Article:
In the end, it didn’t matter.  Murmur’s melodies, riffs and hooks, driven by Buck’s chiming guitar, Berry’s straight-ahead drums combined with Mill’s bass and harmony vocals, were all you needed.  I could listen to songs like “Talk About the Passion”, “Laughing”, “Catapult” and “Shaking Through” a zillion times, and, frankly, have.  It’s honestly the most played album I own.  What was once something so new and fresh to me when I was 18 is now my best pair of well-worn middle-aged jeans, only not so faded. (Dennis)

#25. AC/DC | Back In Black

Released: 7/25/80 | RIAA certification: 22X Platinum

Fun Fact: Back In Black has sold over 22 million copies in the U.S.-but never hit #1 on the Billboard charts.

The morning Bon Scott woke up in Hell, Brian Johnson was visited by two ghosts.  The Ghost of Rock Past took him to a show by his old band Geordie, one right before he left the band.  Johnson was in the crowd, and saw himself onstage, singing Geordie’s UK hit “All Because of You”—a song he could no longer stand—and he looked around at the crowd, a club packed with punters there to see Slade, or Sweet, or another glam or pub rock headliner.  He saw their expressions, the bright wide whites of their eyes, their hands raised in the air, their mouths forming some approximation of the lyrics he himself (or an apparition of himself) was singing onstage.  It was probably the only song of Geordie’s most of the crowd knew, unless the band wheeled out their cover of “House of the Rising Sun.”

Johnson surveyed the scene and nodded, even smiled a bit.  This was a good crowd, a crowd he could make his crowd, a show he remembered as a good show, until the gig was over, and the band had to deal with each other, minus the audience and the noise and the peculiar sonics of the venue.  It wasn’t that the guys in the band hated each other; there simply wasn’t the camaraderie there once was, and he knew they were on the downswing artistically, certainly commercially, and there was no way he could continue to do this without bankrupting himself.  He’d hedged his bet a bit, started a business repairing windshields on sports cars belonging to people richer than he’d ever imagined he’d be.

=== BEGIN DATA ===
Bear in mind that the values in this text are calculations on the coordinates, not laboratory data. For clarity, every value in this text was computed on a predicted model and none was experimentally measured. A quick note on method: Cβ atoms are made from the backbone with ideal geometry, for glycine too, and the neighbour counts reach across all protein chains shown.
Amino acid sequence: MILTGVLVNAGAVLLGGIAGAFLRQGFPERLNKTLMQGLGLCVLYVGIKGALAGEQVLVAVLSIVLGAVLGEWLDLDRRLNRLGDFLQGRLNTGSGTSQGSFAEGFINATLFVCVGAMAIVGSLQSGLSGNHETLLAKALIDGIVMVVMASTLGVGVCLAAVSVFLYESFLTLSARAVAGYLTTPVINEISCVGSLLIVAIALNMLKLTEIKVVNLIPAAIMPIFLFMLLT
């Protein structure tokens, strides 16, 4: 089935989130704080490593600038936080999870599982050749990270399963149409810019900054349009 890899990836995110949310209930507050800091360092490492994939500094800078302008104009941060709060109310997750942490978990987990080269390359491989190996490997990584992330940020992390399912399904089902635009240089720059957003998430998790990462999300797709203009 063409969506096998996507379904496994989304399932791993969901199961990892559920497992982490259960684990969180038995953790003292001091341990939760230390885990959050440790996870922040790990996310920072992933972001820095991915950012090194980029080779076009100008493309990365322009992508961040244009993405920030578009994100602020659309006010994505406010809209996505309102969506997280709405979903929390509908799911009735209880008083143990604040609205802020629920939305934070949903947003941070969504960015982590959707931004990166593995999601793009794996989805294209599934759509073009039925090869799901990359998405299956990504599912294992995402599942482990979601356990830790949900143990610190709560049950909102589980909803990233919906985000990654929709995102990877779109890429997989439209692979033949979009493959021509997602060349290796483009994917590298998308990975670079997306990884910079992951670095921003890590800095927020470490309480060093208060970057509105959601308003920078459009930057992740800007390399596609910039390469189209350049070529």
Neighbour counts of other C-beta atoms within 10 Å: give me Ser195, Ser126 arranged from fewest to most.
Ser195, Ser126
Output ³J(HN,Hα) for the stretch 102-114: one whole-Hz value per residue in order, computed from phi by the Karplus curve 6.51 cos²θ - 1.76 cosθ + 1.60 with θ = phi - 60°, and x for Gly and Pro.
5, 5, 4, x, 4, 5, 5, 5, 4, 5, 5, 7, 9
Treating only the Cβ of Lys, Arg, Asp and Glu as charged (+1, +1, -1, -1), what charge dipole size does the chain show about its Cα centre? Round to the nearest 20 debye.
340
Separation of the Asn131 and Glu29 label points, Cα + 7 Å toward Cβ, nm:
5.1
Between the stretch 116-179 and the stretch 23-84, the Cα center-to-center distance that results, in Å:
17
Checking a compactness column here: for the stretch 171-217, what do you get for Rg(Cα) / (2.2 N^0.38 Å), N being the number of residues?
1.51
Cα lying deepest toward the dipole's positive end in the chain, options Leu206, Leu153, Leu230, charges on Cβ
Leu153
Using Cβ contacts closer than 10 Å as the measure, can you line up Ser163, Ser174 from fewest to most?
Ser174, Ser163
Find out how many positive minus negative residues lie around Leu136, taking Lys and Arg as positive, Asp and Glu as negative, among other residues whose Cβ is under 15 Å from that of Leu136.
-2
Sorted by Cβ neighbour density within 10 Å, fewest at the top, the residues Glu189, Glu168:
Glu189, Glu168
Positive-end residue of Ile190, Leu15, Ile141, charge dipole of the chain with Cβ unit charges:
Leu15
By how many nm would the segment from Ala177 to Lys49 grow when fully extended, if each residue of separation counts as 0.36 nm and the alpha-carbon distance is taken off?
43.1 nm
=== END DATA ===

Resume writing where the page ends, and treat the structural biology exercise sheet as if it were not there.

The Ghost of Rock Future escorted Johnson to another show, but this time his vantage point was onstage, in front of thousands upon thousands of people—not a club or even a theater crowd; bigger than an arena crowd, even.  It was a stadium crowd—seventy, eighty thousand people in front of him.  He looked around and saw Cliff Williams and the Young brothers.  Somehow the Ghost of Rock Future had deposited him onstage at an AC/DC show—a big fuckin’ AC/DC show.  And he was watching the thing from the vantage point of Bon Scott.  Great bloke, that Bon.  Stories about him abounded; he was always up for a pint or ten, always a threat to steal a feel on the closest lass, regardless of whether she was taken, of whether she was married.  If she had knockers and a nice ass, she’d get the ol’ wolf-eye from Bon.

And now here he was, inside Bon’s head, the Youngs playing behind him, and the mic being raised up by what looked like his own hand, and then—

Fuckin’ hell.

The sound that came out wasn’t Bon’s.  It wasn’t really Johnson’s, either, but it was close.  It was louder, rougher, more of a scream, a throat-shredding howl. The words coming out were tremendous gutter poetry: “She had the sightless eyes, telling me no lies / Knockin’ me out with those American thighs.” A wave of power, of electricity, washed over him, and suddenly he was in the middle of another song, screaming about too many women and too many pills.  He saw women in the audience, willing women; he wondered if he was screaming to scare them into giving him pussy.  Another song, extolling the virtues of rock and roll; another song, about drinking a lot; another song, where he smacked an enormous bell with a mallet.

The bell clanged, hard, and Brian Johnson woke up, just as Bon Scott was waking up in some netherworld.  The sun was coming up.  Johnson shook his head and chuckled, then got up to get going to work; there were two cars in his garage he had to work on.

Later in the day, he heard about Bon.

A couple weeks after that, he got a call from the Ghost of Rock Present, a guy he’d last seen in his dream, wearing a schoolboy uniform. (Rob Smith)

#24. George Michael | Faith

Released: 10/30/87 | RIAA certification: Diamond